> >Date: Fri, 18 Jan 2013 10:26:13 -0800 (PST)
> >From: mtupper <mtupper at coastal-resources.org>
> >Subject: Re: [Coral-List] new mystery fish
> >To: coral-list at coral.aoml.noaa.gov, Eugene Shinn
> > <eshinn at marine.usf.edu>
> >Message-ID:
> > <331979151.358028.1358533573075.JavaMail.open-xchange at emailmg.ipage.com>
> >
> >Content-Type: text/plain; charset=UTF-8
> >
> >Hi Gene and List,
> >
> >This is not terribly surprising. Since the lionfish invasion, many
> >aquarium
> >stores have replaced lionfish with Cromileptes altivelis (humpback
> >grouper) as
> >the primary "top predator" species for sale. It was only a matter of time
> >before
> >they starting showing up in Florida.
> >
> >I see from the various news articles that some people are hoping these
> >Indo-Pacific groupers will prefer to eat Indo-Pacific lionfish. Perhaps
> >(and
> >that would be great), but I bet they'd prefer to slurp up some nice,
> >spineless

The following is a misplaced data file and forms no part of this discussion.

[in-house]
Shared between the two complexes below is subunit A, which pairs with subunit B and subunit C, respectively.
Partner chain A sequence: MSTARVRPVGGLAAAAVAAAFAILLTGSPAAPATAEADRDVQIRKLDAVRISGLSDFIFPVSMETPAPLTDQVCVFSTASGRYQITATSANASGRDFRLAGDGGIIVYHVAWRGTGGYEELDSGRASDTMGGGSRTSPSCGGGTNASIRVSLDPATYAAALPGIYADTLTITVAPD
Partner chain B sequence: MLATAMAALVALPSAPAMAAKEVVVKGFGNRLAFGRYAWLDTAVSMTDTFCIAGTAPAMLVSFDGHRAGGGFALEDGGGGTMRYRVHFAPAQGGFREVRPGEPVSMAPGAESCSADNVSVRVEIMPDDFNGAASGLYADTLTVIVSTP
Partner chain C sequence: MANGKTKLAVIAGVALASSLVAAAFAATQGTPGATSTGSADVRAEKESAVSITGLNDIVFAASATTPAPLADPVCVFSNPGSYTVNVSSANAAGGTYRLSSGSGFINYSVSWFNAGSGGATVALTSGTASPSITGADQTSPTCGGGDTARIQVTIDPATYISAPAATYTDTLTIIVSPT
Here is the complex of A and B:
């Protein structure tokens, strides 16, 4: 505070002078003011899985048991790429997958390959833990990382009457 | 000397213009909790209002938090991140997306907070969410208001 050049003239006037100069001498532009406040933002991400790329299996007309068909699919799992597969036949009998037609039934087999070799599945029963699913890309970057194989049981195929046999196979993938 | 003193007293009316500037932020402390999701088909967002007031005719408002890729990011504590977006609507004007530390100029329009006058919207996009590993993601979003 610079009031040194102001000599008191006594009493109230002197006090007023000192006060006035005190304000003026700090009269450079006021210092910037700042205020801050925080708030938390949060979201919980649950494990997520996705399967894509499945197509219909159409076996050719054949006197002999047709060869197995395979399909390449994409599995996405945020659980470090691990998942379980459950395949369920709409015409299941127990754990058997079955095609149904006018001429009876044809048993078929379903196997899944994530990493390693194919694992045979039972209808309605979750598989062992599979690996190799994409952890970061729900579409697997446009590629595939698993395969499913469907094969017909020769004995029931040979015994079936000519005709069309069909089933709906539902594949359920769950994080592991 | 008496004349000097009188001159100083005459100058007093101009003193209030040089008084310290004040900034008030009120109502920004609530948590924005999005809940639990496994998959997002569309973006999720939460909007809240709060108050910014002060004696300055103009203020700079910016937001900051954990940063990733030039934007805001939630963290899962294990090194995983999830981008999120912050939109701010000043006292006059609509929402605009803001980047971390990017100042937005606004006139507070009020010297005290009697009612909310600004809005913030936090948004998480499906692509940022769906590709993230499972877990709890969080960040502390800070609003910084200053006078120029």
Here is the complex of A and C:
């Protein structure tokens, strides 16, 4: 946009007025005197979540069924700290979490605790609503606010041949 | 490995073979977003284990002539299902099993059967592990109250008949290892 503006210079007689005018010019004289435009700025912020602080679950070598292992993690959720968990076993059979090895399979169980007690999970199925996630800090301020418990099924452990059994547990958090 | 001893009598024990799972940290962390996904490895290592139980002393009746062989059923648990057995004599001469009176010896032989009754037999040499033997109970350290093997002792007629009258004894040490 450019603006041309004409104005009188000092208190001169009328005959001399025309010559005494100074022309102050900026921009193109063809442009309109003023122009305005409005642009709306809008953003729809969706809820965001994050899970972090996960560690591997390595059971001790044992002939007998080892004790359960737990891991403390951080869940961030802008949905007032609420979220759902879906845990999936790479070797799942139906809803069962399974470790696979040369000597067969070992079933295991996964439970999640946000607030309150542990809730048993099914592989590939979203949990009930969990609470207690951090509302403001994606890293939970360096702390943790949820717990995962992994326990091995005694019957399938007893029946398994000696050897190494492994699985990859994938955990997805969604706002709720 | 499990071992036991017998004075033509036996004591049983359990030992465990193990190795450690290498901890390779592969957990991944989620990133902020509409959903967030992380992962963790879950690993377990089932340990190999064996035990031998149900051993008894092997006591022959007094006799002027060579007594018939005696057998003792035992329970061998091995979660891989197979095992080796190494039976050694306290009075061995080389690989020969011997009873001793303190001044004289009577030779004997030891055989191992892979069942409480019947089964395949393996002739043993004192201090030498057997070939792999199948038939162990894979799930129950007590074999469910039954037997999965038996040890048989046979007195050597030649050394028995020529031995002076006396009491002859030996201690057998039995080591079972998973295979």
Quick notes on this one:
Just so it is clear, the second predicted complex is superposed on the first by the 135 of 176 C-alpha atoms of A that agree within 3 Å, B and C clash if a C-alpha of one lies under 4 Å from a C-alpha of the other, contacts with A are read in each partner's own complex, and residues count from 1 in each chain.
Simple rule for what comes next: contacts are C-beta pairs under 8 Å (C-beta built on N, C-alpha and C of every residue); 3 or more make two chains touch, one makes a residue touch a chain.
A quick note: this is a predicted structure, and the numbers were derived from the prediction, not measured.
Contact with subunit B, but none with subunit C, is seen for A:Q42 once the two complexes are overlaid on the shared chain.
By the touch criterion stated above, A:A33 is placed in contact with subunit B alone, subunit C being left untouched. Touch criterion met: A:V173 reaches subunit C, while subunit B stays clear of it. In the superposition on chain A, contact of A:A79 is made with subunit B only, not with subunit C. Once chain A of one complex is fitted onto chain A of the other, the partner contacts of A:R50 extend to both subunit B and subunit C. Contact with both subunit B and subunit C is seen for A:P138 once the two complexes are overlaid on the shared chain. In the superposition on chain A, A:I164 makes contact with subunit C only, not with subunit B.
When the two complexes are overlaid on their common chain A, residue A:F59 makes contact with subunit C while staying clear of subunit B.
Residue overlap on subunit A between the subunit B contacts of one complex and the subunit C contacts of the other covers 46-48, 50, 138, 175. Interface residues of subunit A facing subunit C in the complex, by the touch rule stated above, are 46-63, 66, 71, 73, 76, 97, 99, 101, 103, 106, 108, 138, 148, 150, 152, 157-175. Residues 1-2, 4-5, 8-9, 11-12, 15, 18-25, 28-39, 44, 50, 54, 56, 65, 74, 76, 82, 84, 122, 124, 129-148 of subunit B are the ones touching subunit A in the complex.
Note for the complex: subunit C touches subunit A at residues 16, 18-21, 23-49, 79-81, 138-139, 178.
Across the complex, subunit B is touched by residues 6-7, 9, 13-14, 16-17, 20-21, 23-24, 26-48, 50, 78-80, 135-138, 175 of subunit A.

> >parrotfish and wrasse and maybe a lobster or two, just like the native
> >Atlantic
> >groupers.
> >
> >Cheers,
> >Mark
> >
> >
> >Dr. Mark Tupper
> >Coastal Resources Association
> >207-10822 City Parkway, Surrey, BC, Canada V3T 0C2
> >www.coastal-resources.org
> >Email: mtupper at coastal-resources.org
> >Tel. 1-604-588-1674; Mobile: 1-604-961-2022
> >
> >Philippines Office:
> >Poblacion, Sagay, Camiguin, Philippines 9103
> >Tel. 63-927-921-9915
> >
> >On January 18, 2013 at 9:40 AM Eugene Shinn <eshinn at marine.usf.edu> wrote:
> >>Of possible interest to coral-listers....New Pacific fish shows up in
> >>the Atlantic.. Gene
> >>http://www.miamiherald.com/2013/01/09/3174200/mystery-fish-invades-keys-w
> >>aters.html#storylink=cpy
> >>--
> >>
> >>
> >>No Rocks, No Water, No Ecosystem (EAS)
> >>------------------------------------ -----------------------------------
> >>E. A. Shinn, Courtesy Professor
> >>University of South Florida
> >>College of Marine Science Room 221A
> >>140 Seventh Avenue South
> >>St. Petersburg, FL 33701
> >><eshinn at marine.usf.edu>
> >>Tel 727 553-1158----------------------------------